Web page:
The FTC will have to show that the defendant had “real knowledge” that his actions violate FTC law
To obtain sanctions under section 45 (m) (1) (B), the Commission must prove two elements: (1) the company had indeed been informed that the conduct was unfair or deceptive in violation of the law FTC; and (2) the FTC must have already made an administrative decision that such conduct is unfair or deceptive. It is important to note that to meet the actual knowledge requirement, the FTC cannot rely on a consent order. Instead, there must be a prior administrative order that established that the specific conduct is unfair or deceptive to establish knowledge.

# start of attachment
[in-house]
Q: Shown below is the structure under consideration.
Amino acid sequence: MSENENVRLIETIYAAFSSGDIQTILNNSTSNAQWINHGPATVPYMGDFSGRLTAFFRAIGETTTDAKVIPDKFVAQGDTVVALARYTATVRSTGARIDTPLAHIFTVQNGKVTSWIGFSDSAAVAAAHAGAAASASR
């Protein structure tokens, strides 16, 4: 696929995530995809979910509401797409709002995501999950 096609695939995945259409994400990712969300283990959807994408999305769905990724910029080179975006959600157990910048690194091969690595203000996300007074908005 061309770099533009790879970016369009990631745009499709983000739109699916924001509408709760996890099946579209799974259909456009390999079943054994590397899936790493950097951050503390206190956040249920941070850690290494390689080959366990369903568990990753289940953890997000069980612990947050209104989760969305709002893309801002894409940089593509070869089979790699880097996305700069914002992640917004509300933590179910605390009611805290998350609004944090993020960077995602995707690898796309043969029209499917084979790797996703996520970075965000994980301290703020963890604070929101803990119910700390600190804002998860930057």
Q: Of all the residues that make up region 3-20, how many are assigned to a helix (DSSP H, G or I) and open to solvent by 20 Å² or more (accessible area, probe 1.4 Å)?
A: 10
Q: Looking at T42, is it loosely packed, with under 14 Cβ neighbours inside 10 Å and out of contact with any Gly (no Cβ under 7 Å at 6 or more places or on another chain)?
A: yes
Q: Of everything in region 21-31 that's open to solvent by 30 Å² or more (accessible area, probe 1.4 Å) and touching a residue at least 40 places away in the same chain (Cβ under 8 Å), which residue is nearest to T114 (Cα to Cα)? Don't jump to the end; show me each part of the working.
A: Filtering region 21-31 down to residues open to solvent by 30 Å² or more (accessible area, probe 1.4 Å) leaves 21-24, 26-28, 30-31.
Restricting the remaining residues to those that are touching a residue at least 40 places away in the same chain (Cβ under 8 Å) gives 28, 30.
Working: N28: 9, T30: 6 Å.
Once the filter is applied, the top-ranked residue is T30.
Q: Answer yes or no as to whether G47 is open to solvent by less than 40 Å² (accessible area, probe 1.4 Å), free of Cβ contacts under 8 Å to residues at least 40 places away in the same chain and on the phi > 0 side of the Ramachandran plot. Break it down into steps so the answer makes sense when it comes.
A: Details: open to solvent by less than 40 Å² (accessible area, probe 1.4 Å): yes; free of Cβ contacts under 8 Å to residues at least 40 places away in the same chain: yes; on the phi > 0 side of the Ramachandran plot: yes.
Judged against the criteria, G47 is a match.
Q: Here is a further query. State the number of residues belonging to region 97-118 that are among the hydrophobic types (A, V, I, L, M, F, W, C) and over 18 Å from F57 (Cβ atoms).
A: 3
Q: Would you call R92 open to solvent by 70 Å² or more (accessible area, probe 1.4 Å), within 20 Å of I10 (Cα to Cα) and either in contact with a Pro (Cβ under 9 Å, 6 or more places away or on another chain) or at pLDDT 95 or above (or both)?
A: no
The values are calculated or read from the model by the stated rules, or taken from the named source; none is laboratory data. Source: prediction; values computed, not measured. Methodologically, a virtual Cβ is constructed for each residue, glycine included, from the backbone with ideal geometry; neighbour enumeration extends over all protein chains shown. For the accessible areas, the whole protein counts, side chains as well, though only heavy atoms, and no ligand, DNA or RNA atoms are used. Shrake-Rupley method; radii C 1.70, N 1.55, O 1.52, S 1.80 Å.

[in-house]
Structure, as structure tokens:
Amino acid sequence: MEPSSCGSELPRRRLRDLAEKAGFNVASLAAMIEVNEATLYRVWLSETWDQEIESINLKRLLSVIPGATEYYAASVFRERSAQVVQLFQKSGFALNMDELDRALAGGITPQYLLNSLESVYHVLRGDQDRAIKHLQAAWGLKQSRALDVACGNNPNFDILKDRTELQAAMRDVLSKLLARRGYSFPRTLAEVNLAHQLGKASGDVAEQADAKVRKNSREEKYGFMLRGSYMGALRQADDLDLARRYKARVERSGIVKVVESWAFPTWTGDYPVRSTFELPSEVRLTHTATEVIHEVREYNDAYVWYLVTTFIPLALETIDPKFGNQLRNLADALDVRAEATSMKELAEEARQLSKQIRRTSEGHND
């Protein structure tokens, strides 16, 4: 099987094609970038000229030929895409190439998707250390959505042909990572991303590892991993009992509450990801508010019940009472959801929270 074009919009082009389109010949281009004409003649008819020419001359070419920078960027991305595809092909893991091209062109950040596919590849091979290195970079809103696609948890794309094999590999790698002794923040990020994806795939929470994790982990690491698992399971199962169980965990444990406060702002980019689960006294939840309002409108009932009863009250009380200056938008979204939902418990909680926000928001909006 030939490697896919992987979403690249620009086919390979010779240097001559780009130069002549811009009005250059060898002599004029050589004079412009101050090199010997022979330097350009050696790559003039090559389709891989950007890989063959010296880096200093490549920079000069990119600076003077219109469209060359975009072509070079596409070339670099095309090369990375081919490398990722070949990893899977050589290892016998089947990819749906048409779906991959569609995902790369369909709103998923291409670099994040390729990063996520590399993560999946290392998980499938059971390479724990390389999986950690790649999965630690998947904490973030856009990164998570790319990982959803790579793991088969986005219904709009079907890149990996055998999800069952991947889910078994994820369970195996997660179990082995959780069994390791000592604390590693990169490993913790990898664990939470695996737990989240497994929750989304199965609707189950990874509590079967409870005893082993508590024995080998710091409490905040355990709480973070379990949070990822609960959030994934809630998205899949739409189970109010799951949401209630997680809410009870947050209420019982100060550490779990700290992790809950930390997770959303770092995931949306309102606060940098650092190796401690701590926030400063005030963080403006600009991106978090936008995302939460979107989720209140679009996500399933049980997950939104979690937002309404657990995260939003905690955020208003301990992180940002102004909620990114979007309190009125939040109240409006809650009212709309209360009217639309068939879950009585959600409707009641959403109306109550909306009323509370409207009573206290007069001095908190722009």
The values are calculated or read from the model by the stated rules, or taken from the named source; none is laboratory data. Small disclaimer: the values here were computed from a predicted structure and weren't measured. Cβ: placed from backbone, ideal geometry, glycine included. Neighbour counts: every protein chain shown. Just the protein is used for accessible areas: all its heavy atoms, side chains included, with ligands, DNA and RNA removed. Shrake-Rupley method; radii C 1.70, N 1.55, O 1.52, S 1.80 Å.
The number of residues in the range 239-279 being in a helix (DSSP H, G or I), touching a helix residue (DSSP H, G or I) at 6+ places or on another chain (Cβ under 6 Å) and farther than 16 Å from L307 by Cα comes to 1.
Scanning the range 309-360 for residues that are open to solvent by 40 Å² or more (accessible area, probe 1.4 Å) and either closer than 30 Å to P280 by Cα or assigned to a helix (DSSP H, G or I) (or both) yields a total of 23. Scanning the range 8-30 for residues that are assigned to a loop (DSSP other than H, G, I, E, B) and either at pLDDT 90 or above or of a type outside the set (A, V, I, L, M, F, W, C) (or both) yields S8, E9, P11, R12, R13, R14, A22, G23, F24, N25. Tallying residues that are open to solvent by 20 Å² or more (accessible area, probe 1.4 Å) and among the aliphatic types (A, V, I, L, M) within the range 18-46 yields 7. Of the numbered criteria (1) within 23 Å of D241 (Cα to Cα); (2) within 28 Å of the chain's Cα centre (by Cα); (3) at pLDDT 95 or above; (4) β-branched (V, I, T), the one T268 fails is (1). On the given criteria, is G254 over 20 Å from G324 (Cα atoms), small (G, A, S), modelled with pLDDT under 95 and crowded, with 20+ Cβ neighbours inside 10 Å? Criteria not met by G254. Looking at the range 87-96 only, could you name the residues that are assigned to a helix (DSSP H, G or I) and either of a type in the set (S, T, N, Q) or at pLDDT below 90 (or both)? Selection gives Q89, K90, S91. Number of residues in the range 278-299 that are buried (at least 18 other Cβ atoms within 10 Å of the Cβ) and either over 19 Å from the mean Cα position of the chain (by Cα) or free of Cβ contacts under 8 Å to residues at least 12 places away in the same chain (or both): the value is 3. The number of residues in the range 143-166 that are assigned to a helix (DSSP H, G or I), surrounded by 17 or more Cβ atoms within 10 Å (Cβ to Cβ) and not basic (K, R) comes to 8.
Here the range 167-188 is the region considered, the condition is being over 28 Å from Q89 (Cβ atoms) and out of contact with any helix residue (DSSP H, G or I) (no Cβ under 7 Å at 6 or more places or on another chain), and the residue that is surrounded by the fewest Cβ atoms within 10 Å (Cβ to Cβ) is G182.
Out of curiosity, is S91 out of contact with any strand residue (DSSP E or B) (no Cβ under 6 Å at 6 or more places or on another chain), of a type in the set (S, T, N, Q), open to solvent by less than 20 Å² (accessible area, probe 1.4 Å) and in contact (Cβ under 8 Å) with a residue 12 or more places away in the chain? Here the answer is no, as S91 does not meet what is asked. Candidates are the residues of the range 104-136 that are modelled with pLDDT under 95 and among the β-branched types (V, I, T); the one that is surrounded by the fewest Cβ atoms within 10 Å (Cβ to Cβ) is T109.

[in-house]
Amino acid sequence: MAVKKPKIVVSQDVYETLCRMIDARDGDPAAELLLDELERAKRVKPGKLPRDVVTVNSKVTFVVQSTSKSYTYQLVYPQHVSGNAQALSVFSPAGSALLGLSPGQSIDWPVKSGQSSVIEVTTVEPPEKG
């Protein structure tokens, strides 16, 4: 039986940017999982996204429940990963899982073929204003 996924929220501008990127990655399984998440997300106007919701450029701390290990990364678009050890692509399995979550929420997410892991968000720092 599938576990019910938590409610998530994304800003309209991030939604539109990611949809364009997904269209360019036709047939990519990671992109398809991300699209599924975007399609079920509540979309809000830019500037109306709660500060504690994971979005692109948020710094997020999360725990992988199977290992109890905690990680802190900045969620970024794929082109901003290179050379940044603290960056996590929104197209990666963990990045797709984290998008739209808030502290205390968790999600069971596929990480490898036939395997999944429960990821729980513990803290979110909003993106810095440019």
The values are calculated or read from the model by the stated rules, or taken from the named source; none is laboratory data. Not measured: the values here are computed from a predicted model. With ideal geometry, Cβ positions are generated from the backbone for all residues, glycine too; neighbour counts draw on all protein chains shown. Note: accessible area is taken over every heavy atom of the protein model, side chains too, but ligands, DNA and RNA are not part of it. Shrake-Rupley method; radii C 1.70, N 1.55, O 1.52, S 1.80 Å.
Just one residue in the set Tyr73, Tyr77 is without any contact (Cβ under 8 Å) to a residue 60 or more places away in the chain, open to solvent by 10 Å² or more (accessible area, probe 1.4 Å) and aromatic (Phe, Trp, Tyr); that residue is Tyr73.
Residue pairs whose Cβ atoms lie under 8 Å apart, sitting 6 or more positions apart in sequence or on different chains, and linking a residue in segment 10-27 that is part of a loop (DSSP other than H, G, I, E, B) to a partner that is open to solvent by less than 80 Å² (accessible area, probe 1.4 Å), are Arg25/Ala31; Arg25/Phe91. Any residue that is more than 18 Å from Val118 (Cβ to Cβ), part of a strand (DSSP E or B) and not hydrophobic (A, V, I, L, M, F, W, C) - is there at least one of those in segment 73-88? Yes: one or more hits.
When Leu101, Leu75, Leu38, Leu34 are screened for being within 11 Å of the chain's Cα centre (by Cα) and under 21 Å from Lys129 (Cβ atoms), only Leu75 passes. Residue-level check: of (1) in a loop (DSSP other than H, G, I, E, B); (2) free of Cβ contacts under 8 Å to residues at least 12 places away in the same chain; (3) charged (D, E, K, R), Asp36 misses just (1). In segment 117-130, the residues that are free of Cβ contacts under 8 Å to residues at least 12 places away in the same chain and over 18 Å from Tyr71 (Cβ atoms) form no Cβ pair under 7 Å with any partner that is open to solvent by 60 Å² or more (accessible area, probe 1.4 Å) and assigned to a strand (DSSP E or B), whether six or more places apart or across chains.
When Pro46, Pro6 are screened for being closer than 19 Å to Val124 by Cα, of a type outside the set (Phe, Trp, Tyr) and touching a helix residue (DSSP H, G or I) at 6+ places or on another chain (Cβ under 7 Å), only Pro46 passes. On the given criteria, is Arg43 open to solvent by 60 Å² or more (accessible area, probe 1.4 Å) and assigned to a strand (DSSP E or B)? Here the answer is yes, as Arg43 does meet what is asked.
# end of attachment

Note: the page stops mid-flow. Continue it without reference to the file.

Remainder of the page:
The high bar for the “real knowledge” element puts the FTC in a difficult position today. The available and old case law illustrates why. In USA vs. Hopkins Dodge, 849 F.2d 311 (8th Cir. 1988), the Commission sent (what it then called) a “synopsis” to companies regarding the conduct of the Truth in Lending Act which it said violated § 5 of the FTC Act, citing applicable cases and operations. The FTC has warned recipients of the summary that continued such conduct could result in civil penalties under § 45 (m) (1) (B). In a lawsuit against the recipient of this synopsis, the FTC lost its offer of civil penalties on summary judgment. On appeal, reviewing the cases that the FTC proposed in the summary to justify its position that the defendant had “a real opinion” that his conduct was against the law, the Eighth Circuit held “that nowhere in said decisions did the FTC determines that such a practice (ie a practice in which the Respondents admittedly engaged) is “unfair or deceptive”. ” Hopkins Dodge, 49 F.2d at 314. Thus, Circuit Eight made it clear that there must be a match between the cases cited in a notice and the conduct the FTC accuses is breaking the law in order to satisfy “real knowledge”.